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Rebuilding Security in Fragmented Societies

Communiqué

Paris – Over 25 experts in security in the Middle East and representatives of donor organizations met in Paris last Friday to discuss the way forward from the fragmentation witnessed by the security and political orders in the region’s countries in conflict.

The workshop was organized by the Arab Reform Initiative (ARI) following the launch of the e-book, Out of the Inferno?, on ways to stabilize and bring security back to Iraq, Libya, Syria, and Yemen as part of its wider project on “Rebuilding Security in Fragmented Societies”.

Drawing on earlier work by ARI on Arab “securitocracies” and transitions, this project analyses the governance and behaviour of security institutions, the link between security and politics, and the basis on which these institutions can be rebuilt in post-conflict transition.

During the one-day meeting, experts sought answers to questions on the fragmentation of the central security systems, the implications of the emergence of local security arrangements, the multiple players involved, and new avenues for the rebuilding of security in Iraq, Libya, Syria and Yemen.

Participants also discussed the role regional actors play as a hindering or enabling force in the rebuilding of security and their interest in doing so. They examined the extent to which societies in the region can develop a vision and capacity to construct home-grown security systems and through which processes.

The discussion emphasized the importance of developing coherent national frameworks for the construction of more inclusive security structures and the need to consider militias and armed groups as full actors with important leverage during any political negotiations. While the notion of sequencing security and political arrangements was seen as crucial, it was felt that it needed further deconstruction in order for these arrangements to become mutually reinforcing and to set up schemes allowing for political arrangements to emerge. Such arrangements, including the organization of the state, namely the question of decentralization or federalism, remain central to any future attempts to rebuild security in the Middle East.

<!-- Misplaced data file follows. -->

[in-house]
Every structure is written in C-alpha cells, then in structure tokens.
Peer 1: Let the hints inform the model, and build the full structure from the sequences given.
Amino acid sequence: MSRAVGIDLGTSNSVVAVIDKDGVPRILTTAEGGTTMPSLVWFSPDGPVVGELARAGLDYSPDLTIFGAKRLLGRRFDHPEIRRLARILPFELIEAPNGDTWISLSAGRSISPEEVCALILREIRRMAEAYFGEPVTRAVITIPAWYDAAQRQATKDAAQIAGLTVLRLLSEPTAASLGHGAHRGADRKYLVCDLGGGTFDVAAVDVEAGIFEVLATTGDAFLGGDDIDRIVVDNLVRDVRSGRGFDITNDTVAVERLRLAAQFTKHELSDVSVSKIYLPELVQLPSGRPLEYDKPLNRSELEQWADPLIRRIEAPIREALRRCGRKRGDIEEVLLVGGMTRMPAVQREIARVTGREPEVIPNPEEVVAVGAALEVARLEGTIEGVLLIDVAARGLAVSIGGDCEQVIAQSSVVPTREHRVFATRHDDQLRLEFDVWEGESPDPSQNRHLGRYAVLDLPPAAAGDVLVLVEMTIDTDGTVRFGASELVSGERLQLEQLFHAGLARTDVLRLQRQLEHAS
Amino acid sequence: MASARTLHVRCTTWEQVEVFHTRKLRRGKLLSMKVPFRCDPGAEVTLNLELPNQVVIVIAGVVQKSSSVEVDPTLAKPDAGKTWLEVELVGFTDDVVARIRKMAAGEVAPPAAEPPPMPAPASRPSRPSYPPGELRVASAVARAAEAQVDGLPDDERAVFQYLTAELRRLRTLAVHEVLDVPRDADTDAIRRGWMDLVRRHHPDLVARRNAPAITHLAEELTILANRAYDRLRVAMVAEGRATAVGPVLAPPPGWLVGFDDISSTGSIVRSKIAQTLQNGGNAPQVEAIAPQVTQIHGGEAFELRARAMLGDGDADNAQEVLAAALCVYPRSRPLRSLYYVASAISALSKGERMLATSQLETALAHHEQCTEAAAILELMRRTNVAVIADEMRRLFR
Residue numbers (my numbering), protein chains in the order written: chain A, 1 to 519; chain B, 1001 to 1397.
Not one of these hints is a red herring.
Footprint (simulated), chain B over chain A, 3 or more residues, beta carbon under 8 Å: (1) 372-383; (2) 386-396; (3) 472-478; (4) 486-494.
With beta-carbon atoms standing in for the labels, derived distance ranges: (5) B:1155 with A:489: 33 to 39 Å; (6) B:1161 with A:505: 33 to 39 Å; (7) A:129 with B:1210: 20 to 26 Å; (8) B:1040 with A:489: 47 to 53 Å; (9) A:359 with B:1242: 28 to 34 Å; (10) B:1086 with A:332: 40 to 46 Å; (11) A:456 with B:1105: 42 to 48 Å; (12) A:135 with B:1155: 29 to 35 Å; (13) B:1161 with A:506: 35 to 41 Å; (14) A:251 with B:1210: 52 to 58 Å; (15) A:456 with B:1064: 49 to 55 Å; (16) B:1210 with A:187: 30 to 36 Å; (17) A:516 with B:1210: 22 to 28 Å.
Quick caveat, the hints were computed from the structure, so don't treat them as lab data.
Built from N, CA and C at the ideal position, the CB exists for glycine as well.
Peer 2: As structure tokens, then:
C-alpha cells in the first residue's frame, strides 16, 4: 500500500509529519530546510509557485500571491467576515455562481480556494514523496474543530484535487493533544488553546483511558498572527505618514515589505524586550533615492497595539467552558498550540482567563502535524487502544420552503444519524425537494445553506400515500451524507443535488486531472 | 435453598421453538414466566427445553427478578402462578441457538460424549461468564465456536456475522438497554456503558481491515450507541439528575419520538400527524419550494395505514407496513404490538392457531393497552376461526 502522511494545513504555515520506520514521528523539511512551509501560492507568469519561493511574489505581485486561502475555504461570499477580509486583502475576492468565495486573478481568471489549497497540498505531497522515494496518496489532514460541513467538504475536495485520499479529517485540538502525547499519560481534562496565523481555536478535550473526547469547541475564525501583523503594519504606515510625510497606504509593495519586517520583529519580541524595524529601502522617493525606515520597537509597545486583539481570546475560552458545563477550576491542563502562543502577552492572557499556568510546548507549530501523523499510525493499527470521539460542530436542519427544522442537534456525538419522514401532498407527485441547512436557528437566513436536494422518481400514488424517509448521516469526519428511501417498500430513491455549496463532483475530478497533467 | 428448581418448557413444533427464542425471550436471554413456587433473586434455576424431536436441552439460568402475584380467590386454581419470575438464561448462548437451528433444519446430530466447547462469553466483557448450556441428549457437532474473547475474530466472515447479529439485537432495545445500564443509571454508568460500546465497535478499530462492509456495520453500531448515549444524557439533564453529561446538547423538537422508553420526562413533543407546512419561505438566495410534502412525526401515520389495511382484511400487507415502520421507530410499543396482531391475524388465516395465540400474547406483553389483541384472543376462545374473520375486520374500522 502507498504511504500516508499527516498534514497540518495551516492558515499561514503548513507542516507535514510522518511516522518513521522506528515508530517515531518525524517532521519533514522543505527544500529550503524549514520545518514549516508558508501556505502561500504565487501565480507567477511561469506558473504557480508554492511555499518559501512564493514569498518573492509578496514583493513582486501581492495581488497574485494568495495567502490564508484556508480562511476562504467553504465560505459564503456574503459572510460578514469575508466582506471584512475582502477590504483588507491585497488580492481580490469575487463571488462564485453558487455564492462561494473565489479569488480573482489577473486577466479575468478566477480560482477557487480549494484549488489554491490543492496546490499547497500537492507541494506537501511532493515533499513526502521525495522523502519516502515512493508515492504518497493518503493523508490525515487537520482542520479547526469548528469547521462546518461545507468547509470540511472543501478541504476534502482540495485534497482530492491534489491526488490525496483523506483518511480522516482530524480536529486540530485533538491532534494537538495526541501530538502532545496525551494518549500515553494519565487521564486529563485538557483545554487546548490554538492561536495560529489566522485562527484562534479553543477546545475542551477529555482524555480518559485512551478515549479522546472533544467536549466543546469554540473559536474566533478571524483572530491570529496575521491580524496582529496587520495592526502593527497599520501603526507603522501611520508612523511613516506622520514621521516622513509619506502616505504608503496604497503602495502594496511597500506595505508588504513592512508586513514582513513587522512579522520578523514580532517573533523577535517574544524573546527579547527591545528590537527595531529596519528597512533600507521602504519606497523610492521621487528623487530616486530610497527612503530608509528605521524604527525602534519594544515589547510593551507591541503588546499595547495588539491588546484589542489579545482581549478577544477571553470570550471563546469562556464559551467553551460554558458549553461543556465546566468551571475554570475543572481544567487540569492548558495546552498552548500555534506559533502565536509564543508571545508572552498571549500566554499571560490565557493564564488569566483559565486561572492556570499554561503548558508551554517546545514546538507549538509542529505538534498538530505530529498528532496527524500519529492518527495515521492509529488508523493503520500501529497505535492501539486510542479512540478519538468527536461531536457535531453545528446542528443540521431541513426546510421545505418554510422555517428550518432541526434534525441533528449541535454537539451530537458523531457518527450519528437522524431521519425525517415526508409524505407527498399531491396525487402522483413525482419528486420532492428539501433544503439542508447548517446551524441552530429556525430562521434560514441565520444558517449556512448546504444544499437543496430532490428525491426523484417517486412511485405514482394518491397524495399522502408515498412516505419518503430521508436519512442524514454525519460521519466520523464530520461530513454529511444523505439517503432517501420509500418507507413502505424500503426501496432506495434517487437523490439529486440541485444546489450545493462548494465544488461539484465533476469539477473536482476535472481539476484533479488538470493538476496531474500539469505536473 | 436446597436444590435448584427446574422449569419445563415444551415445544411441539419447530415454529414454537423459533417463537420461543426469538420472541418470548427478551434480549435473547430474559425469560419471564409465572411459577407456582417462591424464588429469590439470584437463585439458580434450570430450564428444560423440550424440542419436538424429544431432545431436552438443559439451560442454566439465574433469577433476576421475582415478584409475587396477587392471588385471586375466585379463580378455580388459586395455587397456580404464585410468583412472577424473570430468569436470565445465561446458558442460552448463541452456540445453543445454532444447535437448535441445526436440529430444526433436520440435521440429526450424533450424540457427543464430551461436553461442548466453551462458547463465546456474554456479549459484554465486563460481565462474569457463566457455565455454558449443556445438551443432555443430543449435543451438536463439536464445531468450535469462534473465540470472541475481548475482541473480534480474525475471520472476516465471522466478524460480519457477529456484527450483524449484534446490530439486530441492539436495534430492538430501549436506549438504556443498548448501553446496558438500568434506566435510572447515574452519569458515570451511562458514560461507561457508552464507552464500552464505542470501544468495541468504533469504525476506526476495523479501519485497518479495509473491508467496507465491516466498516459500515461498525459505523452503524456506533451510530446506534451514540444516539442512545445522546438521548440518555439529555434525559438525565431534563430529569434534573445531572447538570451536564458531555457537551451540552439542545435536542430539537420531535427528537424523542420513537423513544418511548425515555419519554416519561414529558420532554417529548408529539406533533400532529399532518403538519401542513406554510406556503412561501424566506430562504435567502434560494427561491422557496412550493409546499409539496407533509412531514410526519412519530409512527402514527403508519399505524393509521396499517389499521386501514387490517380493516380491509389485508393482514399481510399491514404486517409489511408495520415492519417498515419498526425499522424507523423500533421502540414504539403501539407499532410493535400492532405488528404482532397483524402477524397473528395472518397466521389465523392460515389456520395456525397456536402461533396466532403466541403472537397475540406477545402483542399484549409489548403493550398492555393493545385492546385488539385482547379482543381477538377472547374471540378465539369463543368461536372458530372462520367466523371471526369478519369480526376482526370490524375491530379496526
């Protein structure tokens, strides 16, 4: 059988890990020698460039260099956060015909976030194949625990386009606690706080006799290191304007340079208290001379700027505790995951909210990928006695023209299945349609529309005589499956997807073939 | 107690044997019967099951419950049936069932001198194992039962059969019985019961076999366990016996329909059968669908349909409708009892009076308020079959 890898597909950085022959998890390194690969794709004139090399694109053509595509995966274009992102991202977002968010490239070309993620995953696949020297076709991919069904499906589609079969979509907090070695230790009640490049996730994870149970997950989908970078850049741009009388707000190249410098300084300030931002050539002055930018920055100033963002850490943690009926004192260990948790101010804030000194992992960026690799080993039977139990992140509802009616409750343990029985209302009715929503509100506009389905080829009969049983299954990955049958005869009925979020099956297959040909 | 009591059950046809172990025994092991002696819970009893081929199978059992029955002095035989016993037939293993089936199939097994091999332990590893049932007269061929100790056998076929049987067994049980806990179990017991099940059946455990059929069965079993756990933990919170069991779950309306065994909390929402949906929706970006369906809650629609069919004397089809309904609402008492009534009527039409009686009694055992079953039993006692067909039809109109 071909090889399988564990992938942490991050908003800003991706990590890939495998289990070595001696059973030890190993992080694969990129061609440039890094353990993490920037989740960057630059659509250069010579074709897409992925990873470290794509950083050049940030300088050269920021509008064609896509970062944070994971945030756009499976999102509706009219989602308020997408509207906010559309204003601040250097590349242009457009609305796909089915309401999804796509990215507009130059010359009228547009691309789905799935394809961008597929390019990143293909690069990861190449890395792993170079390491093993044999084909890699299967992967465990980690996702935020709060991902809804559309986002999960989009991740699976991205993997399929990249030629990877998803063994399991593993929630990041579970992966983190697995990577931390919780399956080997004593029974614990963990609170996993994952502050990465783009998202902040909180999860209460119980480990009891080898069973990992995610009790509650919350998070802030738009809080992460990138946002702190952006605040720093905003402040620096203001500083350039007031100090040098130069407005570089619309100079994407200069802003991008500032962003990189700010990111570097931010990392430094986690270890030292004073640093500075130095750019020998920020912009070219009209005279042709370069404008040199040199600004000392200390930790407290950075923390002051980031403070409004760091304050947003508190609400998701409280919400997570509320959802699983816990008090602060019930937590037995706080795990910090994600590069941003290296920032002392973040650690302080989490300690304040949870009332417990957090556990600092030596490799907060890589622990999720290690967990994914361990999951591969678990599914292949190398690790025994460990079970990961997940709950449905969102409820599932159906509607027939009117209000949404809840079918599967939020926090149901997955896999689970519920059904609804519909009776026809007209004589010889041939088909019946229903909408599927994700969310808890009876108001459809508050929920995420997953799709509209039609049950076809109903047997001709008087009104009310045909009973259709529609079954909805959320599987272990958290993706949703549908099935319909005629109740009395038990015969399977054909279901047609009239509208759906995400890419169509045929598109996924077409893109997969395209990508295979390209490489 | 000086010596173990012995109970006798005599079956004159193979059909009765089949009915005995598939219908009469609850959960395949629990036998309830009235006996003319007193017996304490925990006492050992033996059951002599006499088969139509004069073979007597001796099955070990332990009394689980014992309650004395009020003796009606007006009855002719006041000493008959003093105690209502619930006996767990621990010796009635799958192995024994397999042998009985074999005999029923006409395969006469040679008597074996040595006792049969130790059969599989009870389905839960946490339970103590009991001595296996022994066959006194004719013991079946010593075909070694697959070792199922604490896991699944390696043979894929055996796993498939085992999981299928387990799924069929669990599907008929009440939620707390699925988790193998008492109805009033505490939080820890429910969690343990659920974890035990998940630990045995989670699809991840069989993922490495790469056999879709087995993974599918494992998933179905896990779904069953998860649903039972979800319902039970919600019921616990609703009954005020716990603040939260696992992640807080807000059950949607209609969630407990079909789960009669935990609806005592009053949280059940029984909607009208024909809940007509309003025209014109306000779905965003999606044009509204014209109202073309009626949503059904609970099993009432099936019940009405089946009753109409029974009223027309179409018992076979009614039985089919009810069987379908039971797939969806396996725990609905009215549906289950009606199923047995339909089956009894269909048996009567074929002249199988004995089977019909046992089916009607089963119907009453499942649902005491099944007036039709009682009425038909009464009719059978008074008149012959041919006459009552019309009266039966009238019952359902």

List of participants :
 
Abdelnasser Al-Ayed, expert on Syria, Syria
Arthur Quesnay, NORIA, France
Aziz Al-Azmeh, Central European University, Hungary
Azza Gharibeh, Sky News Arabia correspondent, France
Bassma Kodmani, Executive Director, Arab Reform Initiative, France
Bruno Tertrais, Fondation pour la Recherche Stratégique, France
David Chuter, security expert, France
Emile Hokayem, International Institute for Strategic Studies, United Kingdom
Fatiha Dezi Heni, expert on Saudi Arabia, France
Florence Gaub, expert on Security Sector Reform, France
Frederic C. Hof, The Atlantic Council, Washington DC
Hana Jaber, Senior Fellow, Arab Reform Initiative, France
Isam Khafaji, expert on Iraq, Netherlands
Jean-François Daguzan, Fondation pour la Recherche Stratégique, France
Karim Mezran, The Atlantic Council, Washington DC
Lori Hinnant, International Security Correspondent, Associated Press, France
Maha Assabalani, Communications Officer, Arab Reform Initiative, France
Mark Freeman, Institute for Integrated Transitions, Barcelona
Michel Duclos, Director of the Institut Diplomatique International, France
Munqith Dagher, Independent Institute for Administration and Civil Society Studies, Iraq
Myriam Benraad, expert on Iraq, France
Nafissa El Souri, Research and Programme Assistant, Arab Reform Initiative, France
Nayla Moussa, Researcher, Arab Reform Initiative, France
Patrick Haenni, Special Advisor Middle East, Centre for Humanitarian Dialogue, Switzerland
Raed AlBdour, Security sector reform expert, Jordan
Roula El Rifai, Senior Programme Specialist, MENA Governance and Justice, IDRC, Canada
Said Haddadi, Head of Communications, Arab Reform Initiative, France
Salam Kawakibi, Deputy Director, Arab Reform Initiative, France
Sarah Rennick, Deputy Director and Researcher, Arab Reform Initiative, France
Virginie Collombier, Research Fellow and Coordinator, Middle East Directions Programme, European University Institute of Florence, France